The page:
This also might help explain what happens when a new load of coal is placed on top of the fire. It's not just exposure to the flame that sets off the gas above a new load but includes the ratio of gas:air. The side of the fire we keep exposed allows more air up thru and a zone of gas above the fire exists right there that allows the fire to spread smoothly over the new coal that's off-gassing at a higher rate (richer) than the old part of the fire. My stove is a top loader and I don't have secondary air inlets above the fire to use like Devile does. If I'm rushed I'll dump an entire hod and cover the entire old fire. I'll crack the ash door for a better part of a minute to allow more air in then close it. At this point, I'll lift the top lid a few inches and the gas might gently light off with the fresh air drawn into the fire box. If it doesn't, I'll blow into the gap (from a safe distance :roll: ) and it usually lights off, maybe with a gentle POOF! Nothing nearing an explosion like in the discussion started a while ago by Wood'nCoal --->Minor Explosion In Coal Stove
VigIIPeaBurner
 
Hot Air Coal Stoker Furnace: Keystoker Koker
Hand Fed Coal Stove: Vermont Casting Vigilant II 2310
Other Heating: #2 Oil Furnace

Re: oxygen depletion?

PostBy: Devil505 On: Sun Feb 22, 2009 2:14 pm

VigIIPeaBurner wrote:With the air coming form beneath the coal bed, its oxygen content is mostly consumed. Like the combustion mixture in a gasoline engine, the mix of gas:air has to be in the sweat zone to ignite


Yup...I think most modern coal stoves have a mechanism to allow a little secondary air in (above the coal bed) for just that purpose of burning off volatile gases to prevent puff-backs. (small slits near the window, etc) Sometimes, if you fill it with too much fresh coal & smother the flames, most stoves require a little assistance in getting more oxygen to burn the gases. (either open the door a crack like stated above or whatever)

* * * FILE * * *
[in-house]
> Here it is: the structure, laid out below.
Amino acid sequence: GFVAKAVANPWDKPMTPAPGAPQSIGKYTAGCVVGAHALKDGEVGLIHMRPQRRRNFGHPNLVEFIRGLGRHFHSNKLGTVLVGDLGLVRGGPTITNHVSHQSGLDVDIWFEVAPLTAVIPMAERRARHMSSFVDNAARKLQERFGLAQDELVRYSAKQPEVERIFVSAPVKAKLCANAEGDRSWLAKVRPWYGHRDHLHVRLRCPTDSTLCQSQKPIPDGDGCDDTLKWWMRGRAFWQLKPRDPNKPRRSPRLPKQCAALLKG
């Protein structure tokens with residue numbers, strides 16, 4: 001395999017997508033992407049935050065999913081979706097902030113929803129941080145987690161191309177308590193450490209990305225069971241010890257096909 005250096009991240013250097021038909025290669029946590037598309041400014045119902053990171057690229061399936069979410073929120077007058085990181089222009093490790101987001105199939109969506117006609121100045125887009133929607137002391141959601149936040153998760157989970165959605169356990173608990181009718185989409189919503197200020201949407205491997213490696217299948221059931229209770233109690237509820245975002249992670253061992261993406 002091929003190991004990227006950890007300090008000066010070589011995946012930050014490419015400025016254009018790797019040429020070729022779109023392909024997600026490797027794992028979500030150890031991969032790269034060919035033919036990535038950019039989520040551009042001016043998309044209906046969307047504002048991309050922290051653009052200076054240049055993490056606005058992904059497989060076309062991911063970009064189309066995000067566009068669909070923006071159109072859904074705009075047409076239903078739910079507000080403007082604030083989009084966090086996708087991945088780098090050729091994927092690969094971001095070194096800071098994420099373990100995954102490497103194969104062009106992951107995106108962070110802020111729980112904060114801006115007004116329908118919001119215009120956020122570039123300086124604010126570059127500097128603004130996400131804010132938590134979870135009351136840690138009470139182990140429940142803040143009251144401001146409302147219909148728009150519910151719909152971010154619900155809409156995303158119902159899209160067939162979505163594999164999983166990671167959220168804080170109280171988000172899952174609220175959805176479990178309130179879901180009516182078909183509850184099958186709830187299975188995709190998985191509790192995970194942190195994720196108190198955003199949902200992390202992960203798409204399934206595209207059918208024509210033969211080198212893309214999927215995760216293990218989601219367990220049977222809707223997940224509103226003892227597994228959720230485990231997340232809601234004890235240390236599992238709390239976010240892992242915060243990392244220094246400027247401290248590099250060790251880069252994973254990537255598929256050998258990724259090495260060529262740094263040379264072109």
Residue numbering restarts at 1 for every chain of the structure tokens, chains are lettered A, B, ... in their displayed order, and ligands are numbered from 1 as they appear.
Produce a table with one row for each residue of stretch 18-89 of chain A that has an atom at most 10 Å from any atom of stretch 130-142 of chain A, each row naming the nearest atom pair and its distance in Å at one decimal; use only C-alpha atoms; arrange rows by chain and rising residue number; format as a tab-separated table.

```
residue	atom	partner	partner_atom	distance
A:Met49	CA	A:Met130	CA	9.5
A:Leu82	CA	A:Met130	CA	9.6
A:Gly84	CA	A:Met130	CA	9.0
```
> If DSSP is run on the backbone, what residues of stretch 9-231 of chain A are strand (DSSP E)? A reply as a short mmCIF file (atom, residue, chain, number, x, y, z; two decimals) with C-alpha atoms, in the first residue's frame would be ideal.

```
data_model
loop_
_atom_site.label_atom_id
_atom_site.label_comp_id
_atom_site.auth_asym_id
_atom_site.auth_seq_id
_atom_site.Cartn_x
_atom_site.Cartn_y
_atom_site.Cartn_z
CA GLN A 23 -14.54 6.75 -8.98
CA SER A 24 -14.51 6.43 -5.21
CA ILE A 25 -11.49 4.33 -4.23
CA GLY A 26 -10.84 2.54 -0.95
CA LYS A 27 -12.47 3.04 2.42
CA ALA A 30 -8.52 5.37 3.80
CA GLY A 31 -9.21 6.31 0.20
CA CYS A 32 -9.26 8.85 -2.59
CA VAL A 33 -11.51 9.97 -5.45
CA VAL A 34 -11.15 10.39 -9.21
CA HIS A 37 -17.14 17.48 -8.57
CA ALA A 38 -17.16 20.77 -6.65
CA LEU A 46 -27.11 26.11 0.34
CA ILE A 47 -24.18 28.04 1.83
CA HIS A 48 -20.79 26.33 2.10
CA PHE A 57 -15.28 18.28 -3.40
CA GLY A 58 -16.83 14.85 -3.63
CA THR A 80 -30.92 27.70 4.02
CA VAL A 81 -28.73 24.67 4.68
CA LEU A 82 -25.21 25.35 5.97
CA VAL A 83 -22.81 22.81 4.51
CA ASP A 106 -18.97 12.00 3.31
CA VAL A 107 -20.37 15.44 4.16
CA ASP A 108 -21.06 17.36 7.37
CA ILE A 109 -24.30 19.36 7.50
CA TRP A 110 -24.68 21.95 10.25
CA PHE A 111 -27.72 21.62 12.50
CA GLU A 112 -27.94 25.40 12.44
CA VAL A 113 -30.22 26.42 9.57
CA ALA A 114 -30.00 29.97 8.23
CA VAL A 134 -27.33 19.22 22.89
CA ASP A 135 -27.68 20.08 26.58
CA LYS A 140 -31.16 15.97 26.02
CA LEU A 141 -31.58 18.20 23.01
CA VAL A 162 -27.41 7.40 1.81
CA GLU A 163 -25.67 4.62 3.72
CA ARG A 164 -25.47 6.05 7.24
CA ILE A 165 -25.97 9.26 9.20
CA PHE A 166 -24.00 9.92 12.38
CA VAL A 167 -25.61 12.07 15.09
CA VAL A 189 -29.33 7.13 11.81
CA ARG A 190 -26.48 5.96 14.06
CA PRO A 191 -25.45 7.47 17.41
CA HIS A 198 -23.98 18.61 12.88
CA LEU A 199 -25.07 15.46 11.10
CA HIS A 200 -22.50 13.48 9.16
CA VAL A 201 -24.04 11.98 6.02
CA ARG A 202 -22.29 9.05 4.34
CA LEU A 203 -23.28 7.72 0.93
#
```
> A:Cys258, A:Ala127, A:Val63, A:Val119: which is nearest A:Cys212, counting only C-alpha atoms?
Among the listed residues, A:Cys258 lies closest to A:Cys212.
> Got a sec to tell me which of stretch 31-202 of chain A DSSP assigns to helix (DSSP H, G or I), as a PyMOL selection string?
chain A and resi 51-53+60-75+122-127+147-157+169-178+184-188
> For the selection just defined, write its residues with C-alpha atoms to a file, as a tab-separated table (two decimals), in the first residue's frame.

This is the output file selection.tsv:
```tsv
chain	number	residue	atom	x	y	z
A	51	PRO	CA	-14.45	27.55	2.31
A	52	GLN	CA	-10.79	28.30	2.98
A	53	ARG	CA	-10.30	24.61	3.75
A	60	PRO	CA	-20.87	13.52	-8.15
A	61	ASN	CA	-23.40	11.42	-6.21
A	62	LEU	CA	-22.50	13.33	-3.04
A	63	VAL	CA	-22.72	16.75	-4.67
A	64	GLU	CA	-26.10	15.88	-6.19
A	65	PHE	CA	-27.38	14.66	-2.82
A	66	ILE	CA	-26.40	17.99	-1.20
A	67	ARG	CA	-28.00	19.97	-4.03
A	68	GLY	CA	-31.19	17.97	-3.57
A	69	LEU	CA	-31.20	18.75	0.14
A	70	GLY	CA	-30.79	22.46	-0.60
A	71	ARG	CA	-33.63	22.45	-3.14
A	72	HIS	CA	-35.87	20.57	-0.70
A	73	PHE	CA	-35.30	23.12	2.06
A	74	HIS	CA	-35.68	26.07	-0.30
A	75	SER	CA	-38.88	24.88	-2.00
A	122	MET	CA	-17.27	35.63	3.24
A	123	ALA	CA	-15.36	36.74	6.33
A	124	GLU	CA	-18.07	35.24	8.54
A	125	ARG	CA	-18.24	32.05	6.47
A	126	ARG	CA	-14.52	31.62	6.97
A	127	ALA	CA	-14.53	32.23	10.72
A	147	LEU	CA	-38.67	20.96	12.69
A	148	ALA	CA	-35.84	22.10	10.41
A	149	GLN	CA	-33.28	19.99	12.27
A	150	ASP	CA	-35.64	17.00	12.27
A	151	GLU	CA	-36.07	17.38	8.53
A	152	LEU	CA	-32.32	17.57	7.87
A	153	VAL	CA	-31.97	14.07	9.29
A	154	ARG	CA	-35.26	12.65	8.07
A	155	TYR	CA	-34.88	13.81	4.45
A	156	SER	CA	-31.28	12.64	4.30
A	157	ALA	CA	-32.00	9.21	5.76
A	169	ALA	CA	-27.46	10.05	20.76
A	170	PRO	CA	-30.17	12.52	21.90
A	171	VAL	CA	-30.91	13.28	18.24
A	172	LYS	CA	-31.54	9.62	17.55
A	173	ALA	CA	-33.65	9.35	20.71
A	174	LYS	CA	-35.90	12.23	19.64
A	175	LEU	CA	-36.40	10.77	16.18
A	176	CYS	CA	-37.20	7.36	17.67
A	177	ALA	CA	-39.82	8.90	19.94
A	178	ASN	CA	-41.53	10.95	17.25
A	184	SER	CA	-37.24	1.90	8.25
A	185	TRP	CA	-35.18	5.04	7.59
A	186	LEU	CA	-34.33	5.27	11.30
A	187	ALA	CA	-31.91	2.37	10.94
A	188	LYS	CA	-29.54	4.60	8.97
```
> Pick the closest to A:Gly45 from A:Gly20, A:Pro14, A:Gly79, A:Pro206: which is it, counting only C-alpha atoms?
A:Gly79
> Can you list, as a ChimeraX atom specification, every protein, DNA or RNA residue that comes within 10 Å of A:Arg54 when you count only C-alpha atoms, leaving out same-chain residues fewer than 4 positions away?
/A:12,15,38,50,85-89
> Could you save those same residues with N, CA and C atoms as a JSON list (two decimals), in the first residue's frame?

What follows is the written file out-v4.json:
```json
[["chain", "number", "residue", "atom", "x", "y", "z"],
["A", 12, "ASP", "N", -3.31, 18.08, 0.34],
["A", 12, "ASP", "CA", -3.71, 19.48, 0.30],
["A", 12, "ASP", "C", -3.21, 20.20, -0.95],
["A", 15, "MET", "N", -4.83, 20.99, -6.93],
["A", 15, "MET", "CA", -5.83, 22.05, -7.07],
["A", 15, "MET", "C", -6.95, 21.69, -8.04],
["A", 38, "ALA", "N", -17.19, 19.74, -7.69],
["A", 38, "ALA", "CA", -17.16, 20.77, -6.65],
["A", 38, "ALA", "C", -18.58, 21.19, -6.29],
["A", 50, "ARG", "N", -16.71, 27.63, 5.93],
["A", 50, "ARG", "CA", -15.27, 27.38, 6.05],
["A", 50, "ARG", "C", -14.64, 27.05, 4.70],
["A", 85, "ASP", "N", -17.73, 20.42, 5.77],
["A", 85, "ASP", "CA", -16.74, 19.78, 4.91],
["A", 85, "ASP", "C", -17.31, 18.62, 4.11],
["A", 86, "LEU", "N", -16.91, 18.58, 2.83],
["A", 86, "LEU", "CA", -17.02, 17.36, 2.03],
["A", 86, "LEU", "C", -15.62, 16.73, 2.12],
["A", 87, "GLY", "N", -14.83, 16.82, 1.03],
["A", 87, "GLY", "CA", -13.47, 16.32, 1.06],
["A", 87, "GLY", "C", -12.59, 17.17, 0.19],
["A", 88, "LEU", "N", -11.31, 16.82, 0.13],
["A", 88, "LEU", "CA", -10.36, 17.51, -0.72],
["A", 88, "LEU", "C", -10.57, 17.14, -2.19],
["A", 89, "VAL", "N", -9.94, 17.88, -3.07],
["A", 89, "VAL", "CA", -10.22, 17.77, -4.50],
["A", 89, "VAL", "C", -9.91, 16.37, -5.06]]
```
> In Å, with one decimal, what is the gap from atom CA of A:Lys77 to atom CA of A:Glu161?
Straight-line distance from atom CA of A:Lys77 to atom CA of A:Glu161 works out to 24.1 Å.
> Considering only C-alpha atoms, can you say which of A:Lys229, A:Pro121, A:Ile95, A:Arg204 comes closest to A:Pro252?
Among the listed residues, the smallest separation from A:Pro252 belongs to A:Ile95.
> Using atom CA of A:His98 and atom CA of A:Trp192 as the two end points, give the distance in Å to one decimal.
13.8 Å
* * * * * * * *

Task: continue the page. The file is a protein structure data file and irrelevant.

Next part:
Devil505
 
Stove/Furnace Make: Harman
Stove/Furnace Model: TLC-2000

Re: oxygen depletion?

PostBy: Joe in NH On: Sun Feb 22, 2009 10:48 pm

Can't speak to the wood on coal issue but think the postings in this thread make a lot of sense. I had what I consider to be an oxygen depletion problem this morning with my Harman boiler. I went through my normal routine of shaking and digging out the ashes in the firebox and then load up with about 40 pounds of nut coal. Normally, while I am doing this in the morning, the call for heat and hot water keeps the water temperature where the automatic draft flap stays open and the fire is cooking right along. Most mornings I am off to work and do not have the opportunity to "check" the fire. However, on the weekend I will look at the fire if I happen to be in the basement. Unfortunately, I decided to check the fire this morning shortly after the draft flap had closed and the fire was oxygen depleted. There was a poof and it was pretty obvious that the blue dancers were not happy and were definitely trying to escape. Somewhere in my coal burning past I must have had a similar experience because I have a habit of keeping my head back when I open the loading door. If I had forgotten this morning, I would need to be growing some new eyebrows. Joe
Joe in NH
 
Stove/Furnace Make: Harman
Stove/Furnace Model: Trident SF 260 Boiler